- --- Jack Brennen <jb@...> wrote:
> Phil Carmody wrote:

That's quite optmistic. Maybe the one just found was that one!

> > Jack, or someone, any model for when the next one's due,

> > assuming a sperical homogeneous Poisson?

>

> I can't seem to find any "real" numbers on how far the remaining 7

> k values have been tested. The SoB pages seem to indicate that all

> of them have been tested to n=10^7, but that can't be an accurate

> accounting.

>

> However, if we assume that n=10^7 is accurate for each of them,

> there would be about a 50% chance of finding a prime for one of

> the 7 candidate k values with n < 14675000.

>

> That's the good news.

> The bad news is that in order to have a 50% chance of resolving

Remind me to never ignorantly cross you, Jack ;-)

> the Sierpinski conjecture, you'd need to search for all

> n < 2965000000000. (2.965*10^12)

>

> That's an improvement over the last numbers I remember putting

> together, which would have given somewhere around a 40% chance of

> resolving the Sierpinski conjecture by that limit...

>

> http://tech.groups.yahoo.com/group/primenumbers/message/10258

> Still, even a single test in the n > 10^12 range is beyond our

We're most of the way there. Compared with those flipping iron rings at least.

> reasonable capabilities today -- we're just not ready to do

> modular arithmetic on terabit numbers.

Doing it 10^12 times I think will be a harder target.

> Also, the chance to resolve the conjecture before n = 10^9 has

Impressive.

> risen to 3.98% from the previous 2.45%.

> I think a lot of this improvement in the outlook (modest as it

Ah probably the single most pervasive snippet of utter wrongness

> is) is due to the fact that this latest k value (19249) was

> one of the three "toughest" k values to crack of the original

> seventeen (one of the three lowest Proth weights). Only the

> k values of 22699 and 67607 (both still uncracked) have lower

> Proth weights.

I've seen various people throw around on their project fora is

that getting rid of the dense ones is best. Of course, that's

the worse possible situation, you want to get rid of the most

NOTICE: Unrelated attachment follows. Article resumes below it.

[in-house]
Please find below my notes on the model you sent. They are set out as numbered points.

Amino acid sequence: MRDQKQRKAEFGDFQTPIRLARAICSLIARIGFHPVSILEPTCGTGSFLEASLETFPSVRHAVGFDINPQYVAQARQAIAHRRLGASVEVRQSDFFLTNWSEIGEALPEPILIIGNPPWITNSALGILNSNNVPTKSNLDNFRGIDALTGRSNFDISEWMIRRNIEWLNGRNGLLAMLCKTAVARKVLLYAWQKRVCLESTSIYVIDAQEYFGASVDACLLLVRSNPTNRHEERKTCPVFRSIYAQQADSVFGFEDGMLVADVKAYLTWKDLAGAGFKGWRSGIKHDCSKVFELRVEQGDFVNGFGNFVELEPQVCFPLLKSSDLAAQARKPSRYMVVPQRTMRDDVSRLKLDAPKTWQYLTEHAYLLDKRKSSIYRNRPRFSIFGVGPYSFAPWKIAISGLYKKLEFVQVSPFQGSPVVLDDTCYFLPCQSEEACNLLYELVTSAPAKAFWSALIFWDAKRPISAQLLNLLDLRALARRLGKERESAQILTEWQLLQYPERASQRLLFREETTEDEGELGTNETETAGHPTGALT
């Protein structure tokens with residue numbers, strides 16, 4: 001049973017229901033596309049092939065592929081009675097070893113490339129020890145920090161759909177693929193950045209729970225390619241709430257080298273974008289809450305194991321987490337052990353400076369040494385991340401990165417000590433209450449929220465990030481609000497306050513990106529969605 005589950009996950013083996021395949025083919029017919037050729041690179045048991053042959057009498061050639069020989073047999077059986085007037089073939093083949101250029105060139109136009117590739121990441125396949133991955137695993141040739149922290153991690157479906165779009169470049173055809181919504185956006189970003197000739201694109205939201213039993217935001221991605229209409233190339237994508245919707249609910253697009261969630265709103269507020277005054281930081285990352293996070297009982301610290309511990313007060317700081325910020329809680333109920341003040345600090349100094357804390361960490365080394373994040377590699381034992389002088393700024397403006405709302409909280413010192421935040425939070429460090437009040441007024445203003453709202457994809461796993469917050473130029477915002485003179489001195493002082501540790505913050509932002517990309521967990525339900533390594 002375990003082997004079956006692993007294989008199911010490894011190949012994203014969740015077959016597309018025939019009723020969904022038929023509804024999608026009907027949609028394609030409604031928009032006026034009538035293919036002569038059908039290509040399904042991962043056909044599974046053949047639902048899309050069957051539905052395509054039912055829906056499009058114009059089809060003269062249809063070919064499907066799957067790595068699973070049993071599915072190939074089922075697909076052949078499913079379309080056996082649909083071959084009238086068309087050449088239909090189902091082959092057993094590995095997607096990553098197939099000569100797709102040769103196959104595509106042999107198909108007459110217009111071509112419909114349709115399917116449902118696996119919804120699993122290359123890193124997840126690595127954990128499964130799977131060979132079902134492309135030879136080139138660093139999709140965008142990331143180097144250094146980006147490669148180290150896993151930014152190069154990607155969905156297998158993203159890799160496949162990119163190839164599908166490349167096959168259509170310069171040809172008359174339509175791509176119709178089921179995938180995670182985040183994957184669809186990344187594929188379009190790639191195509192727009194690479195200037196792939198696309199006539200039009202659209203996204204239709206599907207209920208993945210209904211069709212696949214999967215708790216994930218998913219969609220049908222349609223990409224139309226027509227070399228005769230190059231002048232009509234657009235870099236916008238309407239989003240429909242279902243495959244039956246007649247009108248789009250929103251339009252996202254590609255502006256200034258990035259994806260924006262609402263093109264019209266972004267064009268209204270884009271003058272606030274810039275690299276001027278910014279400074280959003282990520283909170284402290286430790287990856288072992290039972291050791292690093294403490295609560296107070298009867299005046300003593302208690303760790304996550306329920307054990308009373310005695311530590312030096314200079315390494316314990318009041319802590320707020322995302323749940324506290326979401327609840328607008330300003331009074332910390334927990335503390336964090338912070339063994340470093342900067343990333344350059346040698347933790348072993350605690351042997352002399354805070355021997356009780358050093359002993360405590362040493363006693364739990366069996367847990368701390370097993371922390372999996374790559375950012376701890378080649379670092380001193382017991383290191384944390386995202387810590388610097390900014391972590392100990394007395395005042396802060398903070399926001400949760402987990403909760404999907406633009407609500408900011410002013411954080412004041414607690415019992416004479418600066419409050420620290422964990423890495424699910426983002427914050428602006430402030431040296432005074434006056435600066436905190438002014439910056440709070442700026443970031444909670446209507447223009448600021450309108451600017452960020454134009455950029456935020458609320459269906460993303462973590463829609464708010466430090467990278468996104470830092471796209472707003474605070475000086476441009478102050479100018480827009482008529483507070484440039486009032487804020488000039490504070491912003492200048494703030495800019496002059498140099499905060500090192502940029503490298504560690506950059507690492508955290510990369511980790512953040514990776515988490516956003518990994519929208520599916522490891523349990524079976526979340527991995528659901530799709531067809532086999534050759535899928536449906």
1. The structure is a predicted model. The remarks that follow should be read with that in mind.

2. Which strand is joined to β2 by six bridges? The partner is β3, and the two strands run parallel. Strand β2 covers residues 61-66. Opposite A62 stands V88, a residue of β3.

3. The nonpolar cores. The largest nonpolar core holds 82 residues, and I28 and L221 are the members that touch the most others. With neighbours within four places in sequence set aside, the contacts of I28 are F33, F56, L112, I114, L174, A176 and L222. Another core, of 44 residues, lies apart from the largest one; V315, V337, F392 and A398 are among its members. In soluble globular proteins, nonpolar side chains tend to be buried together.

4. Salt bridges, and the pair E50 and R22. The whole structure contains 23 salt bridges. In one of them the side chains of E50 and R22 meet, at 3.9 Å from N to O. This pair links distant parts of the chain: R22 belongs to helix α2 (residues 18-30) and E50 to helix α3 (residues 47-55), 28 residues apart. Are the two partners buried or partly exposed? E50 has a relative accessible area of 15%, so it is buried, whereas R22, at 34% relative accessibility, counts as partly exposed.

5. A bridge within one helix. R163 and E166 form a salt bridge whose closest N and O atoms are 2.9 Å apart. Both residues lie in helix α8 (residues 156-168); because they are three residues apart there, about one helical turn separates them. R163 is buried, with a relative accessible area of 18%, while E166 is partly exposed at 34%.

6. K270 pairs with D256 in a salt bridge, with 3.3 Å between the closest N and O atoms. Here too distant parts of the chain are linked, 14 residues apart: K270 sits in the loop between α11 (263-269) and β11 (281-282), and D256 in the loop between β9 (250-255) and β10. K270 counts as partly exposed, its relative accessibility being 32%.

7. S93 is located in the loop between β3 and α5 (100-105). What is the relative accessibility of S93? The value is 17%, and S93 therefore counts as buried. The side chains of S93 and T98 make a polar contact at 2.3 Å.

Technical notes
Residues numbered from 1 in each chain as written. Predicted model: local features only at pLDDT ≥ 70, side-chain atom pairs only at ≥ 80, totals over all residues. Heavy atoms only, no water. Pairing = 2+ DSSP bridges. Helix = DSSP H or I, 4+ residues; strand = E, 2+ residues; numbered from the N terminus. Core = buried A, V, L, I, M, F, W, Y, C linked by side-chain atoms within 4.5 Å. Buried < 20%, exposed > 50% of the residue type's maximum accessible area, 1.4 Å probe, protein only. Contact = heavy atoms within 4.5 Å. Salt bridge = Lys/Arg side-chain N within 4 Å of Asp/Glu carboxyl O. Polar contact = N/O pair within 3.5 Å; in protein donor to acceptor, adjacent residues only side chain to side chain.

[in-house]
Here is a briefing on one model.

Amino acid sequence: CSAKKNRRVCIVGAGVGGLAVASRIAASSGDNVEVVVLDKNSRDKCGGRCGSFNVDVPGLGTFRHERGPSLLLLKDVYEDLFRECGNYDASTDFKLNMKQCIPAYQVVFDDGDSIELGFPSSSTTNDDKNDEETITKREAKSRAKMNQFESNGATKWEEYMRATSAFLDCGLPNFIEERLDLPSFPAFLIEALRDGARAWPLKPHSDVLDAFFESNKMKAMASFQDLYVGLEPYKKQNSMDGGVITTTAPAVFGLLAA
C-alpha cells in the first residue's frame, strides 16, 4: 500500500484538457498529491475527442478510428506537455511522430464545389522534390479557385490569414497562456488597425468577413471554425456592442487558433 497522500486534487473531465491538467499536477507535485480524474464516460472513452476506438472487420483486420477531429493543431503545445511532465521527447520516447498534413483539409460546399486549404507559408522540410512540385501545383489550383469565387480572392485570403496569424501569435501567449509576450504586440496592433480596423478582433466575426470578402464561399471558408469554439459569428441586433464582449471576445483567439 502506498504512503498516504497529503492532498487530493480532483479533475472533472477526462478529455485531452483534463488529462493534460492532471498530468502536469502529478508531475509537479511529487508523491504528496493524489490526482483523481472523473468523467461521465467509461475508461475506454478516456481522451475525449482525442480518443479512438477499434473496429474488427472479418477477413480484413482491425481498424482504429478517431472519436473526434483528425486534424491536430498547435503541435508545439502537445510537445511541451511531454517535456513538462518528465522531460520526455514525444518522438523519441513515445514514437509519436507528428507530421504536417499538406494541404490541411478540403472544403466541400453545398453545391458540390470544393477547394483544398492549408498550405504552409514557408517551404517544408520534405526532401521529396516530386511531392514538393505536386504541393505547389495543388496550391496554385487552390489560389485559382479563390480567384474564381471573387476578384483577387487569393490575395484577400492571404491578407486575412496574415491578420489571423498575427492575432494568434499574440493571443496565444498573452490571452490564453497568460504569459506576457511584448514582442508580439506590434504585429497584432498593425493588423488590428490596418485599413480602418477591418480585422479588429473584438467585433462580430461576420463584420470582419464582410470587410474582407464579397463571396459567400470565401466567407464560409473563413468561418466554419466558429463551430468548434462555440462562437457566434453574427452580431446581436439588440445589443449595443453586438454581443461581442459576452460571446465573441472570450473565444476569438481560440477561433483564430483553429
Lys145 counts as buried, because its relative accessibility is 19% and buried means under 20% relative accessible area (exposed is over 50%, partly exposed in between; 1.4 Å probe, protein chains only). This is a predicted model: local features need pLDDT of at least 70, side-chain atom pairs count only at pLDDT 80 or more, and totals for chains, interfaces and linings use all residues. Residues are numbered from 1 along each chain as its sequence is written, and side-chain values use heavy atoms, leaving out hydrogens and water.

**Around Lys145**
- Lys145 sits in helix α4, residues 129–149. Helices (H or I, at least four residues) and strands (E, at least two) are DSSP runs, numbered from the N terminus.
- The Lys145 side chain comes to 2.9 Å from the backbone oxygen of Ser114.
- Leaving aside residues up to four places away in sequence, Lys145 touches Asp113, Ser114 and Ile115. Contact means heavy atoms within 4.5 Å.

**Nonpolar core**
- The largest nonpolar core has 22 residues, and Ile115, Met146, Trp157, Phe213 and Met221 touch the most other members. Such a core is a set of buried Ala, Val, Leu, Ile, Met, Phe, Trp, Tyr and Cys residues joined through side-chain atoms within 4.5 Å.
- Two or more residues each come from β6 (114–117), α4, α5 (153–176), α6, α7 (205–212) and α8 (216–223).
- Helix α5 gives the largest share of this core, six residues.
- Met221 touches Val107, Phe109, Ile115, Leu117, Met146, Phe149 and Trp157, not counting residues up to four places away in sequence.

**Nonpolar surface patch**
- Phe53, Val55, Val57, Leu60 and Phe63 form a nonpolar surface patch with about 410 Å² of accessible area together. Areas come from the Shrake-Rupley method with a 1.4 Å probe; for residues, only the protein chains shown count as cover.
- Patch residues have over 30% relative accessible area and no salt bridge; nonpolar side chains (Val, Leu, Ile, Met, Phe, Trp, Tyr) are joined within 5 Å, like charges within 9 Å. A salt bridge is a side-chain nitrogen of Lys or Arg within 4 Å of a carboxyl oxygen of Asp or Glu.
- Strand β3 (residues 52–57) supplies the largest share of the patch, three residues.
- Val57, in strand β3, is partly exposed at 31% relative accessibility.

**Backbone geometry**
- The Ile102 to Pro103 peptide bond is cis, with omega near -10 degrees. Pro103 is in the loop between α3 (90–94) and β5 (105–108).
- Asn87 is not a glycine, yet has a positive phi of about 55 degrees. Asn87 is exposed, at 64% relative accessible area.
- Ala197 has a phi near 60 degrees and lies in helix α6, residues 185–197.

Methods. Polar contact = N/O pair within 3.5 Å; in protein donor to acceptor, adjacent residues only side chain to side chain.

difficult numbers sooner rather than later. I've tried telling

them that, but most just didn't seem to grok the concept.

Thanks for the quick numerics, as always, Jack.

Phil

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http://mail.yahoo.com - Phil Carmody wrote:
>>

First, I realize reading this that I'm being way too precise. With

>> However, if we assume that n=10^7 is accurate for each of them,

>> there would be about a 50% chance of finding a prime for one of

>> the 7 candidate k values with n < 14675000.

>>

>> That's the good news.

>

> That's quite optmistic. Maybe the one just found was that one!

the unknown depth of search, and the inaccuracy of the Proth weight

values, I should probably have just said n < 15_000_000.

In any case, with the remaining 7 k values, if they've been

completely searched up to n < A, we're about 50% to find another

prime with n < 1.5*A. A very quick justification which is very

close to being mathematically "correct":

The remaining 7 k values should produce an aggregate total of about

1.25 primes per "octave" (A < n < 2*A), and the distribution should

be very Poisson-like.

To get a 50% chance of a hit in a Poisson distribution, we need an

expectation of log(2) primes. That requires 0.55 octaves, or

A < n < 1.47*A.

>

If you read the forum link where Louie originally trashed my math,

> Remind me to never ignorantly cross you, Jack ;-)

he admitted very quickly afterward that he did make a mistake and

that I was probably "in the ballpark"...

>

Keeping even a single terabit number in high-speed RAM is far out of

>> Still, even a single test in the n > 10^12 range is beyond our

>> reasonable capabilities today -- we're just not ready to do

>> modular arithmetic on terabit numbers.

>

> We're most of the way there. Compared with those flipping iron rings at least.

> Doing it 10^12 times I think will be a harder target.

the capability of the vast majority of computers in existence -- that's

my point. Clearly we have the capability to build such hardware, but

the whole point of SoB and other cooperative computing projects is to

use inexpensive commonly available PC-like devices, and they're still

many years away from being able to hold even a single terabit number

in RAM.

>

To put things in perspective, the toughest two k values have an

> Ah probably the single most pervasive snippet of utter wrongness

> I've seen various people throw around on their project fora is

> that getting rid of the dense ones is best. Of course, that's

> the worse possible situation, you want to get rid of the most

> difficult numbers sooner rather than later. I've tried telling

> them that, but most just didn't seem to grok the concept.

>

aggregate expectation of 0.15 primes per octave. In very rough

numbers, that means an expectation to find 1 prime between these

two k values as we push n from 10^7 to 10^9 (about 6.6 octaves).

And note of course that 1 prime between those two k values won't

resolve the conjecture. - Now I see the responses to my two questions!

Hurrah for Seveteen or Bust!!

Jean

--- In primenumbers@yahoogroups.com, Jean PennĂ© <jpenne@...> wrote:

>

> Many congrats to the discoverer and all participants for this

> outstanding result!!

>

> However, I have two questions about it :

>

> 1) If I am not wrong, the record has been posted to SoB on March 26 ;

> why is it not yet posted to the top 5000 database ?

>

> 2) What is/are the proving program(s)?

>

> Woul you excuse my curiosity...

>

> Jean

>